Source: The Law Society Joint guidance from the National Crime Agency, Action Fraud, the National…
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When compromise fails, waging a war of attrition by litigation can often prove to be a disaster, as a recent Court of Appeal decision has underlined.
After engaging in lengthy litigation over the division of their assets and the care arrangements for their children, a divorced couple, who lived in a £3.2 million home until their divorce in 2008 after 10 years of marriage, were left with just over £90,000 between them.
By the end of a series of legal battles spread over more than five years, the couple had spent nearly £900,000 on legal costs. The culmination of their dispute was that the Court ruled that the payment to the ex-wife of the children’s school fees of £36,000 per year plus the maintenance of £48,000 per year that she receives from her ex-husband were sufficient to meet her ‘reasonable needs’. She was refused permission to appeal that decision.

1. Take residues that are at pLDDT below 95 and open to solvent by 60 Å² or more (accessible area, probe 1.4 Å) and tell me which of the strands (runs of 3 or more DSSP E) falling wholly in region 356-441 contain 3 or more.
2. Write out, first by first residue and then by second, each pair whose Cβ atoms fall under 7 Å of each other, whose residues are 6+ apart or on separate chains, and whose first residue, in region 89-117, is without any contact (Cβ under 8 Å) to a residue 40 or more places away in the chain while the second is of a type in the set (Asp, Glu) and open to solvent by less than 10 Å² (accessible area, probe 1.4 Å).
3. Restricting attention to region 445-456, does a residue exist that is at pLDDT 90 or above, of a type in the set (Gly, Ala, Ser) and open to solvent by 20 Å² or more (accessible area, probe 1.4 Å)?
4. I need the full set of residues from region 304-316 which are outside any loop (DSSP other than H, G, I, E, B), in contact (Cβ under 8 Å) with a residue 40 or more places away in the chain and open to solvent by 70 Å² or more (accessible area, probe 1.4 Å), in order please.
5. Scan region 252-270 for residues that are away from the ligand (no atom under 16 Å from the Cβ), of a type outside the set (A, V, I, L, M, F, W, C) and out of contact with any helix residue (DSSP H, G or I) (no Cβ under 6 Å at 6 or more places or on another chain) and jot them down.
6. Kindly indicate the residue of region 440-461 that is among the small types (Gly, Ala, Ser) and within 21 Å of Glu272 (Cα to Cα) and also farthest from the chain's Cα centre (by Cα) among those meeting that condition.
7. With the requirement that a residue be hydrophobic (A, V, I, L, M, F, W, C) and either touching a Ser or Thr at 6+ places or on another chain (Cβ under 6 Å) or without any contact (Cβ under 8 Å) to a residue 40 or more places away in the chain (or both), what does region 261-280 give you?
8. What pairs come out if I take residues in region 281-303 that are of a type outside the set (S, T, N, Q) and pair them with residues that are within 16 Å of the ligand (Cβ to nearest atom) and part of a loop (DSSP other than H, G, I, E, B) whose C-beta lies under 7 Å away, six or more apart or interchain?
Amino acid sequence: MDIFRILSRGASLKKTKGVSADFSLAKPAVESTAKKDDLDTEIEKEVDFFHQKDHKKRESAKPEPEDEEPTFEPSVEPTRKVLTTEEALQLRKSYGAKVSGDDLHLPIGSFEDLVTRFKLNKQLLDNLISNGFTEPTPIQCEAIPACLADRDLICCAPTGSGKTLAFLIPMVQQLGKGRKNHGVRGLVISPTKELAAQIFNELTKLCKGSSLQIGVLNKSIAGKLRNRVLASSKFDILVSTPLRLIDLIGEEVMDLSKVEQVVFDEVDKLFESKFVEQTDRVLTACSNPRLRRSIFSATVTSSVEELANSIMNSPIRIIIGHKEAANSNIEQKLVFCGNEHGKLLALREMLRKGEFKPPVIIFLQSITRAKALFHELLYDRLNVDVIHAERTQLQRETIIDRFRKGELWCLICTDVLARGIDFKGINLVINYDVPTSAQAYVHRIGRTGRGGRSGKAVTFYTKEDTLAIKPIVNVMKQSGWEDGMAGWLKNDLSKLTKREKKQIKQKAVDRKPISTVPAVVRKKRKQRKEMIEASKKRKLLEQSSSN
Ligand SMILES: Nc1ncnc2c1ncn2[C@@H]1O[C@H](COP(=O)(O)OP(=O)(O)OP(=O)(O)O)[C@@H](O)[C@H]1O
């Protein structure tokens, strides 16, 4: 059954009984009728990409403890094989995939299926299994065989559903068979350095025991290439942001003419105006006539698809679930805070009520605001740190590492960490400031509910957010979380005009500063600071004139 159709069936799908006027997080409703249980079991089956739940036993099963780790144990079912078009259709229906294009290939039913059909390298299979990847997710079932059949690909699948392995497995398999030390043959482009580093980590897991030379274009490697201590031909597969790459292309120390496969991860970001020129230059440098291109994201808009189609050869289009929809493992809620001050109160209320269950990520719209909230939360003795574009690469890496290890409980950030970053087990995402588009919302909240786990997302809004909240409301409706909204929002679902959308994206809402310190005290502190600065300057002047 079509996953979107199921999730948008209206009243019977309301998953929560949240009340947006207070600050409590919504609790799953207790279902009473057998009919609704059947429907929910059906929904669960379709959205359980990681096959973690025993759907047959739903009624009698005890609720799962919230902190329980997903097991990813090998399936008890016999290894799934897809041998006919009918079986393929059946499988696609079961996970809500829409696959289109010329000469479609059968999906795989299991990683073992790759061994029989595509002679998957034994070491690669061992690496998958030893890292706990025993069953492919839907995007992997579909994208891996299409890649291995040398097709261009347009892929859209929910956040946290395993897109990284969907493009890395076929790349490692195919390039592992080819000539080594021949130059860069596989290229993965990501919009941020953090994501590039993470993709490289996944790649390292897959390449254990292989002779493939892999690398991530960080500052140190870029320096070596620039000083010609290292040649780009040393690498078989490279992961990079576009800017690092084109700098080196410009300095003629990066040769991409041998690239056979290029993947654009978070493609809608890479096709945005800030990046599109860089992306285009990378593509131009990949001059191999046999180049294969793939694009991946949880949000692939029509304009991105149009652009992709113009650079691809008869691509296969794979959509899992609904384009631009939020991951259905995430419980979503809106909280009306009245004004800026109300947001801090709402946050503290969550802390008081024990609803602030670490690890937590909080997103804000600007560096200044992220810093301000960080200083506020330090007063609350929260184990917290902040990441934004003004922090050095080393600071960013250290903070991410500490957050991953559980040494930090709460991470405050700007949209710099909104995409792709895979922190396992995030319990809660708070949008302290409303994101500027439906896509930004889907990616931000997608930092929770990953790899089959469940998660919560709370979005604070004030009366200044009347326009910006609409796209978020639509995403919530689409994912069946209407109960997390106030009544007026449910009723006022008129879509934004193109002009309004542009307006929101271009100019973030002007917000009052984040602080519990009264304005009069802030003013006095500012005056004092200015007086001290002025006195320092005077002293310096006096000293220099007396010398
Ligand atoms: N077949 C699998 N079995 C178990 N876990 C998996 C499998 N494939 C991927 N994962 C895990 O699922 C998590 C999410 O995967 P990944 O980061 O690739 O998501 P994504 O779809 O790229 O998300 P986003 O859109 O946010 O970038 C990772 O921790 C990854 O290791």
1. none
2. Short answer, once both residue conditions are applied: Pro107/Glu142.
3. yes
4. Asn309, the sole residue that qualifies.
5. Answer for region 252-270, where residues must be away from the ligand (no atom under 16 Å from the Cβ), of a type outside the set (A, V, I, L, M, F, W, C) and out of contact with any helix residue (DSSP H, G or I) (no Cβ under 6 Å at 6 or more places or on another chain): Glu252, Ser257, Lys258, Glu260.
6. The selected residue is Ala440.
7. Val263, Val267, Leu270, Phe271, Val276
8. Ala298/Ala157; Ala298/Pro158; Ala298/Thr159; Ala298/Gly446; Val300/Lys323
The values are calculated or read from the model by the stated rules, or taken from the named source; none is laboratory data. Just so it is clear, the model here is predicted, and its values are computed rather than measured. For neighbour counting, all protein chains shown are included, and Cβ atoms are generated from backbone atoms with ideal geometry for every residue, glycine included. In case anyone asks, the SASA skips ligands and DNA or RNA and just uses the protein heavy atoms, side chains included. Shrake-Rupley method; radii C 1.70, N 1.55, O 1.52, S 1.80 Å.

Lord Justice McFarlane commented that the prolonged and extremely costly litigation had been a catastrophe for the family.